Today’s Card of the Day is a new set in this series. Don Hoak has been featured here once and it was one year ago today. That “coincidence” is due to the fact that the Pittsburgh Pirates traded him away on this date in 1962. Since it’s been a year since he’s been here, now’s a good time to look at one of his other cards, and why not make it a new set while we are at it. In 1962, JELL-O released a baseball card set consisting of 200 cards, which came with their products. In 1963, they made a second set and it too had 200 cards. Card #140 in the set featured Pirates third baseman Don Hoak.
Here’s the front of the card (the back is blank):
These cards look a lot like the Post cards that we have featured here a few times, and the differences are really subtle. Those Post cards were printed on the backs of Post cereal boxes, while the JELLO-O cards were printed on the back of JELL-O boxes, which were much smaller. That means that any of these cards that you see now were hand-cut UNLESS they are still part of a complete box. Very few of the boxes still exist, so most cards that you find from the set look like what you see above, which rough edges and uneven borders. One way to tell them apart is that the sizes of the cards are different, with Post cards being slightly bigger, but that’s something that is hard to tell without a comparison card. Also, the size of these cards really depends on the butcher who cut them off of the box and how much border they left. The JELL-O cards are supposed to be 2 1/2″ x 3 3/8″ in size, but that’s just wishful thinking in most cases. No one was cutting them with a razor and a ruler, so if you measured across the top and across the bottom, you’ll probably get different measurements.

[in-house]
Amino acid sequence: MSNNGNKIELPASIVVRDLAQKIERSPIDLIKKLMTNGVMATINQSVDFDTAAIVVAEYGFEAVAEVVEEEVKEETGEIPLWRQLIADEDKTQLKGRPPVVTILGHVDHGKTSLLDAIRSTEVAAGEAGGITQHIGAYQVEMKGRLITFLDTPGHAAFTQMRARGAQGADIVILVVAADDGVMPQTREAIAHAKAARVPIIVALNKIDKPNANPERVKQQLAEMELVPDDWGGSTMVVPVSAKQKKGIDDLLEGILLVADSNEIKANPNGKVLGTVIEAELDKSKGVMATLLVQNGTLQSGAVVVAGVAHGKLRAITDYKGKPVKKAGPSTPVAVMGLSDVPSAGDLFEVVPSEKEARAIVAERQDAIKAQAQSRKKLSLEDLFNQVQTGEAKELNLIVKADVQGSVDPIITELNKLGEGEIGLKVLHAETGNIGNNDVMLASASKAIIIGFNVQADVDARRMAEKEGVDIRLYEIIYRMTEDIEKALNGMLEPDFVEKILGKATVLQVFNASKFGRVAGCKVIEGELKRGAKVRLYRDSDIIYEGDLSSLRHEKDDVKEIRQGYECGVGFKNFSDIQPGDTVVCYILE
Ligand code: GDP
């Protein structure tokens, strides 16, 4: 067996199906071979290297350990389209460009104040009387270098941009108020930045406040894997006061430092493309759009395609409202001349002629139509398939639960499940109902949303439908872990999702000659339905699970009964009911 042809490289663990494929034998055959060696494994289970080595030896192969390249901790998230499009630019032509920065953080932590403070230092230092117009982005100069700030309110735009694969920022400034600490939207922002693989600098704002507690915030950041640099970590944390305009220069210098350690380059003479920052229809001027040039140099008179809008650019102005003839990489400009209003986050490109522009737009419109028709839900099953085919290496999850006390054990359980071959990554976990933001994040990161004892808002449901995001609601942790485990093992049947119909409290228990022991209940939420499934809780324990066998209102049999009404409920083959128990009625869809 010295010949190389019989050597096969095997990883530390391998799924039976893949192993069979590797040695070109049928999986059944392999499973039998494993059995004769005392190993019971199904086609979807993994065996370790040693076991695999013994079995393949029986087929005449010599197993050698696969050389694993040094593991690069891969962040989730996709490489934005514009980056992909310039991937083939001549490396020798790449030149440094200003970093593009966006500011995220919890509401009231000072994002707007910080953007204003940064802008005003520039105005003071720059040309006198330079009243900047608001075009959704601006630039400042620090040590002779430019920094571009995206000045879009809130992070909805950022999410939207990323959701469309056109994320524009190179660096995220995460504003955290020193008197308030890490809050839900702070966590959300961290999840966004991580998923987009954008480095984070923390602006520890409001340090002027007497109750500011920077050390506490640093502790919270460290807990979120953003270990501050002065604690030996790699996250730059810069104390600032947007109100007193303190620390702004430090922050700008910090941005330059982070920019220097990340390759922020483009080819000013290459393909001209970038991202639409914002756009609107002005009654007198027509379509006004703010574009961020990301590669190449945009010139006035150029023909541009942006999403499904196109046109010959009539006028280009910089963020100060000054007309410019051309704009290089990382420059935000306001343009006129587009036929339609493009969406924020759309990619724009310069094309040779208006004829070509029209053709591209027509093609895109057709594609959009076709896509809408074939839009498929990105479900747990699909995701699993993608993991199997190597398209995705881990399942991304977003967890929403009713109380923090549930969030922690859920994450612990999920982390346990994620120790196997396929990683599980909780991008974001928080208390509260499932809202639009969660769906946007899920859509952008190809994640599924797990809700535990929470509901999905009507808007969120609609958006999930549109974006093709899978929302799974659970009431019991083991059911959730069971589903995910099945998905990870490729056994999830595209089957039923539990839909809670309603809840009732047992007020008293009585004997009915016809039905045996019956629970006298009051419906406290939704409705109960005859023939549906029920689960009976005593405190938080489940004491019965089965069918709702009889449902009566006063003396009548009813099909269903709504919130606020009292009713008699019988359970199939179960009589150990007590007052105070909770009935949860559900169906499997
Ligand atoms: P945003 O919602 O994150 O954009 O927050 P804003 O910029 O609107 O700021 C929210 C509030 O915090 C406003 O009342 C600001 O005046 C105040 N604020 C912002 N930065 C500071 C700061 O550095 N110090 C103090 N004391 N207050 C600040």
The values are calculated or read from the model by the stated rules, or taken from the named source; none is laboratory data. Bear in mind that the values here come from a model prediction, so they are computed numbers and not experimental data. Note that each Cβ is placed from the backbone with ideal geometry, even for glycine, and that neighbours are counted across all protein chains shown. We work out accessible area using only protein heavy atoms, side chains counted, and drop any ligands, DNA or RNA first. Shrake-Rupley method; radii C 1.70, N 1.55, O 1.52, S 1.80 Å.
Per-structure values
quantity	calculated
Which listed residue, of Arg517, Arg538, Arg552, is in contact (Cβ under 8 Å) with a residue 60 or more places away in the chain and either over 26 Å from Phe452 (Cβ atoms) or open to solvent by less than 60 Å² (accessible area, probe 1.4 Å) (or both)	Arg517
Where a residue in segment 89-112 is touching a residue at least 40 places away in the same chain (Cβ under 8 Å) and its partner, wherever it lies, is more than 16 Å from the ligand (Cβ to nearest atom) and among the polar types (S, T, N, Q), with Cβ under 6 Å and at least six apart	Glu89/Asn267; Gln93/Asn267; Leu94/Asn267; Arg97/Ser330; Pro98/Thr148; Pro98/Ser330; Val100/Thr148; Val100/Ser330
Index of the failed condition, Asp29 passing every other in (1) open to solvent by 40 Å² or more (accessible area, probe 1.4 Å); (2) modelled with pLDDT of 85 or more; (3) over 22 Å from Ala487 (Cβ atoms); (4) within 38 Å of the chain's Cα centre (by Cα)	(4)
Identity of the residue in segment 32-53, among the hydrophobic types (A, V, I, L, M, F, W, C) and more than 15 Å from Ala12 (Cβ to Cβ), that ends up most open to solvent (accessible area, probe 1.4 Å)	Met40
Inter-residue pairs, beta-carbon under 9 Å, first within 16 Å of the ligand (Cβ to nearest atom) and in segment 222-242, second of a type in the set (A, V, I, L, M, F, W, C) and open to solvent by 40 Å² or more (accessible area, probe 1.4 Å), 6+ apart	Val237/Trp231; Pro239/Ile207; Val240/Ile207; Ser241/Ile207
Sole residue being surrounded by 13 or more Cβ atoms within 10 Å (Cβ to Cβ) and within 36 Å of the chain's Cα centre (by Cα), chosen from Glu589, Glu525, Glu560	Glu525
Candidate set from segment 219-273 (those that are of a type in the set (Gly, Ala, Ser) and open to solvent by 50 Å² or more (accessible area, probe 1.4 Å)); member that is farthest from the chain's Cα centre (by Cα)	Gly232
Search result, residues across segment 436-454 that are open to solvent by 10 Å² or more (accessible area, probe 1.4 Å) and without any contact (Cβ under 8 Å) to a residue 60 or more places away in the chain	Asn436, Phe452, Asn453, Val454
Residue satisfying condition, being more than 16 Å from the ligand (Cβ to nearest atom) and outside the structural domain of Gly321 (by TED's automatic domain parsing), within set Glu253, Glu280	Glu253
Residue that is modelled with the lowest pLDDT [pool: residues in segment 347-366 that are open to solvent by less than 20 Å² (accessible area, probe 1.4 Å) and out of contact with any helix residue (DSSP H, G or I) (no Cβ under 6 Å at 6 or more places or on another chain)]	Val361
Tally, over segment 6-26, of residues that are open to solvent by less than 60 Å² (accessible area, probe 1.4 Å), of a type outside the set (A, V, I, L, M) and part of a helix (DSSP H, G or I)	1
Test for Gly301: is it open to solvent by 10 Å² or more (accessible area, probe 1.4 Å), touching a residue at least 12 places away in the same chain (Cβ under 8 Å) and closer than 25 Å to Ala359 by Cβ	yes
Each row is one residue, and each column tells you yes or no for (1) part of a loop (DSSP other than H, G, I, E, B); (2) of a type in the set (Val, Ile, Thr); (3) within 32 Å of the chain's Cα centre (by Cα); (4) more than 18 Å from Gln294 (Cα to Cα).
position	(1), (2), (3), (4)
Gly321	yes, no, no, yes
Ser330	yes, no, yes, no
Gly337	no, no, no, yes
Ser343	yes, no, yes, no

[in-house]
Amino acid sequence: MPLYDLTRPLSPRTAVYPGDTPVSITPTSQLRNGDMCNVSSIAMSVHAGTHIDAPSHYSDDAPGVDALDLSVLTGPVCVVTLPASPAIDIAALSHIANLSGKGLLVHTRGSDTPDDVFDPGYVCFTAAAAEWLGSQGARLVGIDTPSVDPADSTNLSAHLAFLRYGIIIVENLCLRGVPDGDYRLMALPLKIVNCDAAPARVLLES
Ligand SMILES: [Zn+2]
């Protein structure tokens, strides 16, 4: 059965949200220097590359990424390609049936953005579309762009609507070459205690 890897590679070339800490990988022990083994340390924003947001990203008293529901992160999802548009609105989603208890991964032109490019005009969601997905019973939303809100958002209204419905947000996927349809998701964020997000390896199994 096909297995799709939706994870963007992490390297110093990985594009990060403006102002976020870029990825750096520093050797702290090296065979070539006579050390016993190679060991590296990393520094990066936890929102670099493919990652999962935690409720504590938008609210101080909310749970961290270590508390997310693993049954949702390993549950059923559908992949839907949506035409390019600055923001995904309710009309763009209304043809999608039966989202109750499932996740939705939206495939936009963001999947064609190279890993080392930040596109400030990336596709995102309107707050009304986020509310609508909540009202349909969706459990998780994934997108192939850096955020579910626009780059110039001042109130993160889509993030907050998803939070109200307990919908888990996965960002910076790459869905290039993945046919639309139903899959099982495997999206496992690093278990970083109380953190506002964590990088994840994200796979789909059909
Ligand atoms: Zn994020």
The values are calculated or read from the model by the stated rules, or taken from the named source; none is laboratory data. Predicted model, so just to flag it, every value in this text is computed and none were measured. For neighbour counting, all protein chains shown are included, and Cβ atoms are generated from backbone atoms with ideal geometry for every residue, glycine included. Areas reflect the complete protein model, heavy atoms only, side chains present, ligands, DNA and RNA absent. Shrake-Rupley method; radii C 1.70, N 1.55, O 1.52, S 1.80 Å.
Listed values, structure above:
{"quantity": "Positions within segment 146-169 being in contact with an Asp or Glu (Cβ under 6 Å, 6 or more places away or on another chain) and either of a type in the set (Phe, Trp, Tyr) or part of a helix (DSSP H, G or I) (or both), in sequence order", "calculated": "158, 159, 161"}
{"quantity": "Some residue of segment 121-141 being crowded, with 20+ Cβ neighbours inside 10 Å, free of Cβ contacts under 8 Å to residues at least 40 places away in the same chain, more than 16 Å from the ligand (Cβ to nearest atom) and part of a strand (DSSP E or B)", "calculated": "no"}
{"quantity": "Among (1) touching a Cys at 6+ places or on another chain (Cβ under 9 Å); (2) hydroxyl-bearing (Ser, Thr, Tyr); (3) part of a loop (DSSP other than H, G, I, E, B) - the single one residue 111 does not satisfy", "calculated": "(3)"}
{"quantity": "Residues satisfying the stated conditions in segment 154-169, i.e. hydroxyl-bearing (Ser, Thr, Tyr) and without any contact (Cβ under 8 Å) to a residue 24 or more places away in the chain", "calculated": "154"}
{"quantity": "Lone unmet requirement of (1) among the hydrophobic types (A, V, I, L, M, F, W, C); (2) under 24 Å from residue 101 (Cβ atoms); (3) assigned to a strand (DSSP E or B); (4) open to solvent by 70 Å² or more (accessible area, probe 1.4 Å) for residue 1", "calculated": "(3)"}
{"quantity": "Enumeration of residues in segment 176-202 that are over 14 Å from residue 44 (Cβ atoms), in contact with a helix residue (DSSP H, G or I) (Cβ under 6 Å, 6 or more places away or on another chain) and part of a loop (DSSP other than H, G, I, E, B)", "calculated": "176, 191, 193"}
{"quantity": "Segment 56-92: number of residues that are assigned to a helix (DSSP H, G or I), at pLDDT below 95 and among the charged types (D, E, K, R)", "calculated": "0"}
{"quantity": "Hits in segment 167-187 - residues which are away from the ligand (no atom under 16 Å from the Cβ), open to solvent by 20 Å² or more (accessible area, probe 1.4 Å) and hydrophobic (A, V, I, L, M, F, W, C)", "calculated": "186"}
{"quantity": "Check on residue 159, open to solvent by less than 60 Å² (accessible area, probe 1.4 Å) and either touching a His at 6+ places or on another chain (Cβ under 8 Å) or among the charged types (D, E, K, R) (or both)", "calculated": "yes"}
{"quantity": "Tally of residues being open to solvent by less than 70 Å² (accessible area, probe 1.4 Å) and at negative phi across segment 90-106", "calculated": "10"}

Another difference is that the line in the middle of the stats that goes from left-to-right on the card is smaller on JELL-O cards, but once again, you need a Post card for comparison to really see the difference. Unless you really know the sets well, then you’re probably not going to be able to identify them without comparison cards.
I don’t usually look into the off-field life of players, but that note at the end of this card caught my eye about Hoak being married to singer Jill Corey. As most of you know, Hoak passed away suddenly at a young age, while in pursuit of a stolen car. That happened in 1969, so because of how long it has been, I was somewhat surprised to read that his wife just passed away this year in Pittsburgh.
I like these cards. They are colorful cards with a nice photo of each player, a bio section and a good selection of stats. Usually I’d rather see year-by-year stats, but I’m okay with the the one-year/career layout if they’re using the extra space for good purposes. The price of the cards is also a nice highlight here, which leads us to the pricing section…
These cards are rare, but that doesn’t necessarily make them expensive. There are only three Hoak cards on Ebay right now and they range in price from $9.50 to $14.99, which includes delivery cost. Only one has sold over the last three months and that one went for $4 total BUT some careless individual wrote “Phillies” on that card, no doubt after the trade that sent Hoak across the state. Writing on the back of cards takes away value, but writing on the front really kills the value. There was one 1962 Hoak JELL-O card on Ebay in the last three months and that went for $72, so that’s quite a difference in price from one year to the next.